Story Behind ISM Errors Reads Like Hammett Novel: Opening LineC. Thompson
As yesterday’s Institute for Supply Management manufacturing index number was being botched, and calmly yet furiously attempting to get the right number to trading floors while markets were, um, fluctuating.
The Top desk can be thought of as the ship’s bridge, plotting a course for the expected news and navigating the day’s unexpected currents that flash across the screens. Most days have an economic indicator or two that get handled by the economy team in Washington, with the Top team picking up their work and applying certain treatments to it. Red headlines, which we sometimes call hot heads or sticky heads (because the red headlines stick to the top of your screen for a short length of time), get re-sent to “flash” at the top of the Top screen.
While one editor is doing that, another is grabbing the first bulletin of the story and applying special codes to it to ensure it gets sent to the right alert systems that you, the customer, have chosen to receive. Meanwhile another editor takes that same bulletin and loads it into the Top page. It can get a little hairy at times, such as when indicators are moving at the same time as something big and unexpected happens.
Or in this case, both.
At 10 a.m. on the dot, as always, the ISM number flashed red across the Bloomberg terminal, showing the reading had fallen to 53.2 from 54.9 in April. This was unexpected: The economists’ forecast was 55.5, and only 15 minutes before the Markit U.S. manufacturing PMI had actually come in a little above forecasts.
Andy Davidson (U.S. Top team leader): “You take it as gospel. We flashed it and accepted it.”
Carlos Torres (U.S. economic indicators team leader): “Accepted it at face value, yep.”
AD: “You expect -- you have a lot of faith that the first number that comes out is going to be a good number. It’s never been a bad number before, and this, according to Ken Fireman, is pretty much unprecedented -- or very, very rare.”
Ken Fireman (managing editor for economy and government in the Americas): “Nobody can remember anybody having to do two corrections within the space of a couple of hours on a major economic indicator like this. Nobody that I spoke to can remember anything like that.”
Chris Nagi (managing editor of U.S. stocks): “There was no real reason to suspect anything was wrong with it. I mean, it was a little out of step with recent good data, but certainly it was in the realm of plausibility. Was it so outlandish that people started to wonder if it was true? I don’t think anyone thought that.”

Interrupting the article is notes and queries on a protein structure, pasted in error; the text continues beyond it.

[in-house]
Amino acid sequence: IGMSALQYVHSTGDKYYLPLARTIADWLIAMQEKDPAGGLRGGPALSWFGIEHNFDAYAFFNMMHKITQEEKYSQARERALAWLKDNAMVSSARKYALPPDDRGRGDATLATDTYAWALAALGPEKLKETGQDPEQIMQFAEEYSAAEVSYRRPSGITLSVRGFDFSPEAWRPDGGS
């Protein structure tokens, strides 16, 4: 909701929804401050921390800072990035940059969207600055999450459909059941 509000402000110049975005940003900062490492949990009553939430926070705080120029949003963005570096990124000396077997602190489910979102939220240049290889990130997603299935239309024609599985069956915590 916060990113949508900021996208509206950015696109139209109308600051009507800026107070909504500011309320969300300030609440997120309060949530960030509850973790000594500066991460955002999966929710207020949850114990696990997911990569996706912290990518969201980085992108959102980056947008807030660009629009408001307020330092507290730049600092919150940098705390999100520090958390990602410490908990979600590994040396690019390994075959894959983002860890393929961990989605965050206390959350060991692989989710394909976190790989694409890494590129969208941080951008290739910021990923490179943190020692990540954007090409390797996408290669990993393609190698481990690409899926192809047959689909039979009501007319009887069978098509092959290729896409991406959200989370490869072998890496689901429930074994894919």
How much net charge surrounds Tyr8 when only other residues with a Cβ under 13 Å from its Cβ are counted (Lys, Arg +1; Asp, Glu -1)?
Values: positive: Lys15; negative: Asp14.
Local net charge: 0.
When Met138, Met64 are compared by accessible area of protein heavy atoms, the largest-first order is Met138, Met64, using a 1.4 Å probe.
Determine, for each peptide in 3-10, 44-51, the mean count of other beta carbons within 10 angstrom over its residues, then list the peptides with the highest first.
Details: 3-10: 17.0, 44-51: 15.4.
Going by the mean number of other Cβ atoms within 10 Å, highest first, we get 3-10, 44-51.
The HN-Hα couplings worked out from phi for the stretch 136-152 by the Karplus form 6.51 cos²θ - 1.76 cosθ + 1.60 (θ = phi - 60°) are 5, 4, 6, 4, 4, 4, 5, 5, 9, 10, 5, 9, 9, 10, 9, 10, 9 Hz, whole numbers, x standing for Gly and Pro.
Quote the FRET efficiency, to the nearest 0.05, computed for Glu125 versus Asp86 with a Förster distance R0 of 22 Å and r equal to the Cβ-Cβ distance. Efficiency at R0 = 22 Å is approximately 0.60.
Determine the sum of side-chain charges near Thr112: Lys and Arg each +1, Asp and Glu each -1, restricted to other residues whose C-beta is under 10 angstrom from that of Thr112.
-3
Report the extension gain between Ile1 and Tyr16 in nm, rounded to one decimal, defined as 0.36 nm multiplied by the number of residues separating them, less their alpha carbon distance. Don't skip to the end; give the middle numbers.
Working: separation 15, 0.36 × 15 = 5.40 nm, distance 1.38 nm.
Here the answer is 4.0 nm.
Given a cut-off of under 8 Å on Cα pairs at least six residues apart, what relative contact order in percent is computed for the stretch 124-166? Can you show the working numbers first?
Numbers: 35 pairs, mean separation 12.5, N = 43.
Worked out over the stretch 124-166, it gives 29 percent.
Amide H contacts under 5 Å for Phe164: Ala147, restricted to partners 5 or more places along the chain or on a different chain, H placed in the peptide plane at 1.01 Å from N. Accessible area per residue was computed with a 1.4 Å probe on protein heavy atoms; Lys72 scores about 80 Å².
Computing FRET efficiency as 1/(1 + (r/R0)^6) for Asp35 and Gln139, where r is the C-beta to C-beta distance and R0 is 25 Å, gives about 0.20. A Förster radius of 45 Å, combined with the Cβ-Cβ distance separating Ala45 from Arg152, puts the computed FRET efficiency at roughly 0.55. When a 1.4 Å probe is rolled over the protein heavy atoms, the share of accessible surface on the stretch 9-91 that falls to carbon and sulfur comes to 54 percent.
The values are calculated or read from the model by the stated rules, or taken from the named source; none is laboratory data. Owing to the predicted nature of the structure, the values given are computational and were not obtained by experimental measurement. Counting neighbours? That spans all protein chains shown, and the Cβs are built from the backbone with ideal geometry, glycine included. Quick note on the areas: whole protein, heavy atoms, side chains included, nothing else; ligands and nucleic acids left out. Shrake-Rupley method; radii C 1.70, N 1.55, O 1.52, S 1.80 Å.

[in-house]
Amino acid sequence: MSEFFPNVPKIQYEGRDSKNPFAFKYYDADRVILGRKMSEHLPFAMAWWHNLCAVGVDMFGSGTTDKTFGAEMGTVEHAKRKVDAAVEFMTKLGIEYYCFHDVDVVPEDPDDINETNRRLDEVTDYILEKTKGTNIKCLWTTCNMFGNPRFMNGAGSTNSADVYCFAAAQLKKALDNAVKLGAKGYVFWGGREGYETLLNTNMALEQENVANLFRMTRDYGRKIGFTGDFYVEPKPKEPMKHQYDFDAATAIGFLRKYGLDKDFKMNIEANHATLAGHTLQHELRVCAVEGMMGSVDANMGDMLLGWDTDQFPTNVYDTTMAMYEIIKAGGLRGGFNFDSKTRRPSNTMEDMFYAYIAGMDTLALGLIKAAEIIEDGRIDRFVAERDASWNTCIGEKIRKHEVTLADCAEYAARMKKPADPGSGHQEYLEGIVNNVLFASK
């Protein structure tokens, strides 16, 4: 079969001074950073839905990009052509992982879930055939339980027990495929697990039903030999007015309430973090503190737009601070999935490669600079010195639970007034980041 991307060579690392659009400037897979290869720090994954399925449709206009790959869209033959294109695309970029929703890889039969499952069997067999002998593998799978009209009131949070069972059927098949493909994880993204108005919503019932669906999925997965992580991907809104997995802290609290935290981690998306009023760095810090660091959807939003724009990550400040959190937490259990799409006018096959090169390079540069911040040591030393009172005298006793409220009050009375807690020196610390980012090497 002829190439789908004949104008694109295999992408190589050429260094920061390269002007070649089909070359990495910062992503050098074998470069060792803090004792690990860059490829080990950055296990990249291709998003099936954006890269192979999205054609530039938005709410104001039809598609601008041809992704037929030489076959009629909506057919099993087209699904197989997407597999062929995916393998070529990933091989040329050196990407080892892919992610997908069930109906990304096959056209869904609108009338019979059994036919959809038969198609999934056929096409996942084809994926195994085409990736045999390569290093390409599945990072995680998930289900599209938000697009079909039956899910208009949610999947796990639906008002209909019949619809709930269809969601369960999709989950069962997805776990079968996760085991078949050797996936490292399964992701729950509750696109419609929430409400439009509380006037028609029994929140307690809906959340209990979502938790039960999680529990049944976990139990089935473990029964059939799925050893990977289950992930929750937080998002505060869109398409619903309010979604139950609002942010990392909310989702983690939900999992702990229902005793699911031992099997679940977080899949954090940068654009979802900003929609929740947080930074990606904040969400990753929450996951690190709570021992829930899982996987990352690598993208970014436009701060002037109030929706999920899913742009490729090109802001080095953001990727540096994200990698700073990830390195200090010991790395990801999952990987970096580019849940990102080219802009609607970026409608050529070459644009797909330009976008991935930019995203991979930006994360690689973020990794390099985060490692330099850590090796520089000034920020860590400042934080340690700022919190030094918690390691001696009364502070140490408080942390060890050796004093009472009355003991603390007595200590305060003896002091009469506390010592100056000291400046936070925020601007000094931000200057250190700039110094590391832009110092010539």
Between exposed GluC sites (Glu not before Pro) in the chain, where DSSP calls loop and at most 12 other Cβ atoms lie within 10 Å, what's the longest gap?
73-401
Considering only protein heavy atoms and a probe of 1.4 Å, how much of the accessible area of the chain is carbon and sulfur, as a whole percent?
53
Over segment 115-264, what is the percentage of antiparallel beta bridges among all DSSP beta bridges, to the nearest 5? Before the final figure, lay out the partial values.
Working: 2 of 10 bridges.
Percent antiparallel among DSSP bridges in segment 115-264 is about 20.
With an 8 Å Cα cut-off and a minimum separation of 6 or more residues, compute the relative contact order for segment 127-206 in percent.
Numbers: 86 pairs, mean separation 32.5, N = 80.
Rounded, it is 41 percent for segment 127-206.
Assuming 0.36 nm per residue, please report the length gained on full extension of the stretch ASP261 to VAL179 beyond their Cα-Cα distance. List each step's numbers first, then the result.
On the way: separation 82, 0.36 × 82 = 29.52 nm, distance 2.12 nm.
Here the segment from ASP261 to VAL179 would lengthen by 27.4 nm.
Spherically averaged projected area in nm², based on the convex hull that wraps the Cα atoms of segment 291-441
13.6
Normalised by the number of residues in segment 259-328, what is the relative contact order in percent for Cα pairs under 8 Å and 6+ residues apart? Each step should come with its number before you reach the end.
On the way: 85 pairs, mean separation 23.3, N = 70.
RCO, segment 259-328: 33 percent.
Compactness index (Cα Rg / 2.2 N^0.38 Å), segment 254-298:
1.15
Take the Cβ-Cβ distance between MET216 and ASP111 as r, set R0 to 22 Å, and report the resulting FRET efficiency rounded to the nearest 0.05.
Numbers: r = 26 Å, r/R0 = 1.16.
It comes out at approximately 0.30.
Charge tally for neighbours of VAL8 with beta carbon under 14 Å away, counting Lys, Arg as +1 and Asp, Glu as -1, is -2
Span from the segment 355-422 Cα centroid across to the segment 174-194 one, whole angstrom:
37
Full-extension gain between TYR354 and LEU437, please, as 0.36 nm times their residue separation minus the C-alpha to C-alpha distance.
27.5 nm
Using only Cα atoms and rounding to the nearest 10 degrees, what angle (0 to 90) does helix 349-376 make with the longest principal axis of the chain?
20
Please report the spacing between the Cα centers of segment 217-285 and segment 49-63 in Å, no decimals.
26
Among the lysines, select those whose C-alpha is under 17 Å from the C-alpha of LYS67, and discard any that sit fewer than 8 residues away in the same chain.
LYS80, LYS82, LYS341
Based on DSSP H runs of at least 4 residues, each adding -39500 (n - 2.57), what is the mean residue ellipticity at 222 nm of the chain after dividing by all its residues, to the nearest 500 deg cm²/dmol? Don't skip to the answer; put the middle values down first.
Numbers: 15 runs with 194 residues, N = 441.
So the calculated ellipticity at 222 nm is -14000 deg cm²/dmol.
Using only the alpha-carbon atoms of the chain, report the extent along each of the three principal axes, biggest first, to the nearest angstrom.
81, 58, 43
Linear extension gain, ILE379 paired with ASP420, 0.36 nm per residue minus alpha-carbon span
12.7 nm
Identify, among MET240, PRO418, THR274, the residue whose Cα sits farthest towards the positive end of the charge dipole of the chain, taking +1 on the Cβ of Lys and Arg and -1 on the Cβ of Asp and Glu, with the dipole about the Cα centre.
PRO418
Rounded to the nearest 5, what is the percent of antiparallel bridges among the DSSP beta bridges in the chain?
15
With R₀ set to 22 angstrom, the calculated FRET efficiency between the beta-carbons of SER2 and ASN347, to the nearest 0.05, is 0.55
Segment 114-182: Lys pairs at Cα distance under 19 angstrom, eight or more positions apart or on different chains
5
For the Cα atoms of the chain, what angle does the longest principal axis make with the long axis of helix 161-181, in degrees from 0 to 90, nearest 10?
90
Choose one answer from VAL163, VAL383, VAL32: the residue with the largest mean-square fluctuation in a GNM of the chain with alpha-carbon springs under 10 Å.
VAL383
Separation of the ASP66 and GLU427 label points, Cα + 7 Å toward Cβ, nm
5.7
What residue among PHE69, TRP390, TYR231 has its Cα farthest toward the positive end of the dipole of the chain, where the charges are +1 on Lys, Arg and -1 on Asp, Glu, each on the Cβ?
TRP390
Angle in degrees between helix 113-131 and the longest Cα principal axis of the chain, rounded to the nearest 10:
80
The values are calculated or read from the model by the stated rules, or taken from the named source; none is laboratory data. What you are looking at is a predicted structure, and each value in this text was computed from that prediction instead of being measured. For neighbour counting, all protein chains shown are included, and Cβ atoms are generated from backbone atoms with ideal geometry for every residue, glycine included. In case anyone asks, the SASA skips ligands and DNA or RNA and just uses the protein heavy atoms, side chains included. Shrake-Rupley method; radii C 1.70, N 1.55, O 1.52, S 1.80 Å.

AD: “We watched the market’s reaction.”
CT: “The people at Stone & McCarthy put out a note on their system 41 minutes later ("SMR: Update - ISM Used Apr Seasonal Factor: Should be 55.4"). Ken Kim, over at Stone & McCarthy, is a guy who’s in charge of writing up their report about the ISM index. This group is into the nitty gritty of the numbers, and they not only look at the seasonally adjusted numbers, but sometimes they look at the unadjusted numbers just to get a sense of what’s going on. He was coming up with a different number than they had just issued.”
CN: “There was a period when the economist who found the problem had tweeted. You don’t know if the person’s right at that point. There was sort of a frenzied effort on the part of people in the newsroom to find out if there was anything to the tweeter’s claim and to figure out what was going on.”
CT: “So he (Kim) gave them (ISM) a call, but no one was returning his call. So at 10:41 he went ahead and put an update on their (Stone & McCarthy’s) system. Then what happened, as I understand it -- I’m not exactly sure about this -- as I understand it, a bond trader saw that Stone & McCarthy update and alerted someone on our bond team to it.”
(Opening Line: Stephen Stanley, chief economist at Pierpont Securities, sent word via the main incoming feed that most companies and agencies use to release news to us by e-mail, alerting us at 11:12 a.m. to the same gist that Kim had spelled out -- ISM used the “more stringent” April adjustment on the May figures. The e-mail was spotted by forex reporter Rachel Evans.)
CT: The bond desk “alerted someone at Bloomberg First Word, then I started getting barraged by messages from people from Bloomberg First Word. So, almost exactly at 11 o’clock, James Holloway (managing editor for Bloomberg First Word fixed-income coverage) sent Chris Wellisz (team leader for U.S. economic policy) a message saying Stone & McCarthy is saying ISM got the number wrong.
‘‘So, I went to the Stone & McCarthy (web)site and read what Ken Kim had written, and as I was reading I realized that, you know, there could be something to it. Because this sort of thing can happen. It sounded more like a technical glitch then the usual conspiracy theories that we hear.
‘‘We started calling the ISM spokesperson, who wasn’t picking up, left a message via voicemail and e-mail with her, then started calling the ISM factory chairman. Victoria Stilwell, one of the indicator reporters, found his cell phone number on line and we started dialing that, and I finally got through to him at about, shortly after 11:15 or so.
‘‘I finally got Brad Holcomb, the factory chairman -- he finally answered. So I told him what was happening in the markets and that someone at Stone & McCarthy was saying they had gotten the number wrong, that it should have been 55.4, and asked whether he had heard about it and whether there was anything to it. And he said they were looking into it and in fact it did look like they made a mistake. And then I asked him if the 55.4 (number) was correct, and he said no, we’re coming up with 56 now. We’re going to be issuing a correct in a little while, but we’re coming up with 56. That was about 20 minutes after 11. At 11:30, we have a prescheduled independent call with Brad Holcomb, and our reporter Tori Stilwell took that call, and during that exchange he reiterated that it was 56.